Neil Barofsky has spent much of the past four years in a state of incredulous outrage, and today is no exception. The mention of the LIBOR scandal and JP Morgan’s recent calamitous $6 billion trading loss sets him off: “Those situations, once again, point to exactly what’s wrong. I reaffirms that we’ve fixed nothing. Nothing.”
No wonder Barofsky, 42, is in a state. As the former Special Inspector General of TARP, the $700 billion bailout program signed into law by George Bush and carried out by Barack Obama’s Treasury Department, Barofsky, charged with keeping everyone honest, has seen up close the intimate relationship between government and the mega-banks. And, as he outlines in merciless detail in his book published Tuesday, Bailout, it isn’t pretty.
“I spent a great deal of time being patronized and belittled by people in positions of power,” he said in a long phone interview. “They kept telling me ‘Neil, you just don’t understand that the banks would never do anything wrong, never do anything to jeopardize their reputations.’ That’s just so patently absurd when you look at what’s happened.”
Barofsky, a lifelong Democrat who was drafted by Hank Paulson, George W. Bush’s Treasury secretary, arrived in D.C. late 2008, a few months after the law went into effect. He had been a superstar prosecutor in U.S. Attorney’s office in New York, busting Columbian drug lords. “When I came in I thought my real job would be doing fraud prosecutions, putting bad people who had stolen from TARP in jail.”
But once he got to Washington and began digging into how TARP was structured—or, in fact, not structured—he realized he had to use his audit power to pressure regulators into reviewing procedures and making radical changes. His goal was greater transparency, a way to trace where the early TARP money had gone and make sure that banks and huge corporations like AIG wouldn’t be given billions more with no strings attached. ”There was this overriding sense, I mean people up and down the chain of command just said it to me, that that wasn’t important.” To Barofsky, the 2009 AIG bonus scandal, in which the Treasury Department authorized $168 million in payouts to the giant insurer, was a perfect example. “No one wanted me to write what I did, but I wasn’t hired to be a cheerleader,” he says.
The other aspect of TARP legislation that seemed, to Barofsky, to have been completely thrown out the window: the commitment to help homeowners escape from underwater mortgages. “That was how the bill was passed by the Democrats, with the express understanding that it was supposed to be helping the mortgage crisis, help actual people and that way get the economy back on track,” says Barofsky, who resigned from his post in early 2011 as TARP was winding down and has been teaching at NYU’s law school. While there was $50 billion available to modify mortgages, during Barofsky’s tenure only about $1 billion of it was used. Even now, only about $3 billion has been tapped for loan modifications and other consumer lending initiatives. “Instead Treasury caved into the political pressure because they didn’t want to be seen as helping people escape the McMansions they should have been smart enough not to buy,” he says. American Express, he notes, got $3.7 billion in the bailout, “more than homeowners did.”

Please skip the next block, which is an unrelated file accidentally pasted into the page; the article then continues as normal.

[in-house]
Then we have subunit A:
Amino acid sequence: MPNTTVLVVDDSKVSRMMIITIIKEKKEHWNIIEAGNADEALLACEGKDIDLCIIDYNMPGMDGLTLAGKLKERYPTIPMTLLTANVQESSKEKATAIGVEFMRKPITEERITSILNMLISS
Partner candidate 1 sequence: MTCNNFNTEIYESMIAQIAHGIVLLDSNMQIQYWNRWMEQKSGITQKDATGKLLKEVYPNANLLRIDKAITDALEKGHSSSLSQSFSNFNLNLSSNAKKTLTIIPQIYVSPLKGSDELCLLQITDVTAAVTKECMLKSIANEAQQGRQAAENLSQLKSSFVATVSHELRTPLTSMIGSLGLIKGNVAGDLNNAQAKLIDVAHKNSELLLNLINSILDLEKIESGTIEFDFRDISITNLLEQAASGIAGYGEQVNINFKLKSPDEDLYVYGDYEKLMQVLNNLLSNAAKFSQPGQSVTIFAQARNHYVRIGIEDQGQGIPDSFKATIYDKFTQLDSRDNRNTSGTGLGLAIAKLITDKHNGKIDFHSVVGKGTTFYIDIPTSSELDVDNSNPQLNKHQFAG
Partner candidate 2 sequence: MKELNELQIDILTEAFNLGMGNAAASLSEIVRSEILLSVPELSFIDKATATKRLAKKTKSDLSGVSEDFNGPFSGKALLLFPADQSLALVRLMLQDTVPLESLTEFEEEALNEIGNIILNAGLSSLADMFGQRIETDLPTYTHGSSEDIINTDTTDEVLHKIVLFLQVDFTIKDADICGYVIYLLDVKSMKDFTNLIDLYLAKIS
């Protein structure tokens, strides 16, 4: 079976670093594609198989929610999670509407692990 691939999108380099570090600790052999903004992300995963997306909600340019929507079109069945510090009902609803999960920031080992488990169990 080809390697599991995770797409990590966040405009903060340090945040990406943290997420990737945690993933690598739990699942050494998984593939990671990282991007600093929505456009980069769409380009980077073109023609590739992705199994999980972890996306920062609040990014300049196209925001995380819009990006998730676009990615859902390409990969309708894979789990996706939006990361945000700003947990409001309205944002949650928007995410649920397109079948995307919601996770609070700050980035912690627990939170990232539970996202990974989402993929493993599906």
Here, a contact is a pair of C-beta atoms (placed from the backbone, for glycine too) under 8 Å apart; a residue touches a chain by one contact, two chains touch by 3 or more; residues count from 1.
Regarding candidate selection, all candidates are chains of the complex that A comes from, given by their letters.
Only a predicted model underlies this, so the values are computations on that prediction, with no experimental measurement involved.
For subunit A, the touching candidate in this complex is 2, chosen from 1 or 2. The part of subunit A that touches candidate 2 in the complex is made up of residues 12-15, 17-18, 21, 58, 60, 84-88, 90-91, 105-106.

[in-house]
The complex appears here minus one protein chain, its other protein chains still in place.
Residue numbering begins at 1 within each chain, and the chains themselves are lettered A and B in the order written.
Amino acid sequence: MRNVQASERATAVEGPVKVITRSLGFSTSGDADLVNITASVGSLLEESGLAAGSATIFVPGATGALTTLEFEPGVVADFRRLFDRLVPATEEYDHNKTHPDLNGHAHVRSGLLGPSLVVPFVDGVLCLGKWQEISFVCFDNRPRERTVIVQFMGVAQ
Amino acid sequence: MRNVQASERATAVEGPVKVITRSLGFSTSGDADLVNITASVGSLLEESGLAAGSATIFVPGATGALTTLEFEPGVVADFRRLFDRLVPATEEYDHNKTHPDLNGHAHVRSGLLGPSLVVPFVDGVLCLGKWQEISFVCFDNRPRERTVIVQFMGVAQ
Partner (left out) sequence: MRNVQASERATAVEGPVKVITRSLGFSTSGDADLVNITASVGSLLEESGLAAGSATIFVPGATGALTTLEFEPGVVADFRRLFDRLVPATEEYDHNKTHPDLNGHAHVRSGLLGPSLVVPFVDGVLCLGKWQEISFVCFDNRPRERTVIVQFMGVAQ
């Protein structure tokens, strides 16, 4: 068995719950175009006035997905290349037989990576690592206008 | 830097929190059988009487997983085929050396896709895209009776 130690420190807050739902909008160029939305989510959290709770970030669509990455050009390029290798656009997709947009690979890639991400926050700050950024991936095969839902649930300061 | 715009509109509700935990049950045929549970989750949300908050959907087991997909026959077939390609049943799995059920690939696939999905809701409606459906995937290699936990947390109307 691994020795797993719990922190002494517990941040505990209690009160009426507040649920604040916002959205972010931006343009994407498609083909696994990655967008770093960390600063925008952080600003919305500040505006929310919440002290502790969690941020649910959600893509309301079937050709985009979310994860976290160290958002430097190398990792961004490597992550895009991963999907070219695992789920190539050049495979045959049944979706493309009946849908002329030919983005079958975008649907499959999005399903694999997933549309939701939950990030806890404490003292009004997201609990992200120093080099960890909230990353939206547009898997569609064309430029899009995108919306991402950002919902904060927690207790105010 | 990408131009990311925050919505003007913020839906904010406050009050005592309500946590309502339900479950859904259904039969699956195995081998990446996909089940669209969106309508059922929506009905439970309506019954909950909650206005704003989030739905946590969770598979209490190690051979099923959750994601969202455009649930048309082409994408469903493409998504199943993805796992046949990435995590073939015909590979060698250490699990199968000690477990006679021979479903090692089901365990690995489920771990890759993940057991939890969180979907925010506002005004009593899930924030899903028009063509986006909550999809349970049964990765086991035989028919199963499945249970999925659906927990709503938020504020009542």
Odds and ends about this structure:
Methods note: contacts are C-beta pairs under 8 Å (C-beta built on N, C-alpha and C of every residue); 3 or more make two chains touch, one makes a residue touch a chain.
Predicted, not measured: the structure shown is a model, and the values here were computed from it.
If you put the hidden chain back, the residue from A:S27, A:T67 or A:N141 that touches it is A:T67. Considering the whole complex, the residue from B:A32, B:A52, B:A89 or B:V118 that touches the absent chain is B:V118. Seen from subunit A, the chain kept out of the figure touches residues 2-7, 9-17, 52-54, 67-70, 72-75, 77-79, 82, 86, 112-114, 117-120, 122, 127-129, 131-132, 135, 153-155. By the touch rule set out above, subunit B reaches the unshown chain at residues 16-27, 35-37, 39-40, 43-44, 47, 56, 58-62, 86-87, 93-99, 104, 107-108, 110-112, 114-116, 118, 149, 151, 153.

Secretary Timothy Geithner comes off particularly badly in the book—pompous, imperious, and thoroughly co-opted by the folks he's supposed to be regulating in the financial industry. Geithner, says Barofsky, resisted any suggestion that the system was fatally flawed and should be changed, insisting that the bailed-out institutions would do the right thing virtually without oversight. Barofsky’s scathing audits, which stole headlines and made it impossible for the administration to build an upbeat political narrative, infuriated Geithner; at several junctures in the book, Barofsky relates vivid screaming matches between the two men. “Having the secretary lob the F-bomb at you is pretty crazy,” he says.
As for the Obama administration’s declarations that TARP was a raging success because it lost less money than expected and stopped the economy from going into freefall, Barofsky is contemptuous: “To declare TARP a success is revisonist history,” he insists. “TARP was supposed to restore lending, and that didn’t happen.”
Instead, the banks have only become bigger, he notes, and more certain that the government will consider them to big to fail. “They know they’re above the law because everyone’s so worried they will bring down the system,” he said. Barofsky doubts much will change, even after the LIBOR and JP Morgan debacles, though he hopes that the more courageous members of Congress will at least sense they have a bit more public support for reform.
There was been little official reaction to the book from Treasury; a spokesman there said simply that, “The secretary hasn’t read it.” Barofsky says he has heard nasty sniping about how the book is his way of launching a political career.
“I got a lot of laughs out of that one,” he says. “I probably couldn’t have written a book that would more thoroughly alienate all the people you need to have behind you—the bankers and the entrenched political powers. Really, it would have been hard.”
Editor's note: A sentence about Timothy Geithner was corrected after the story published.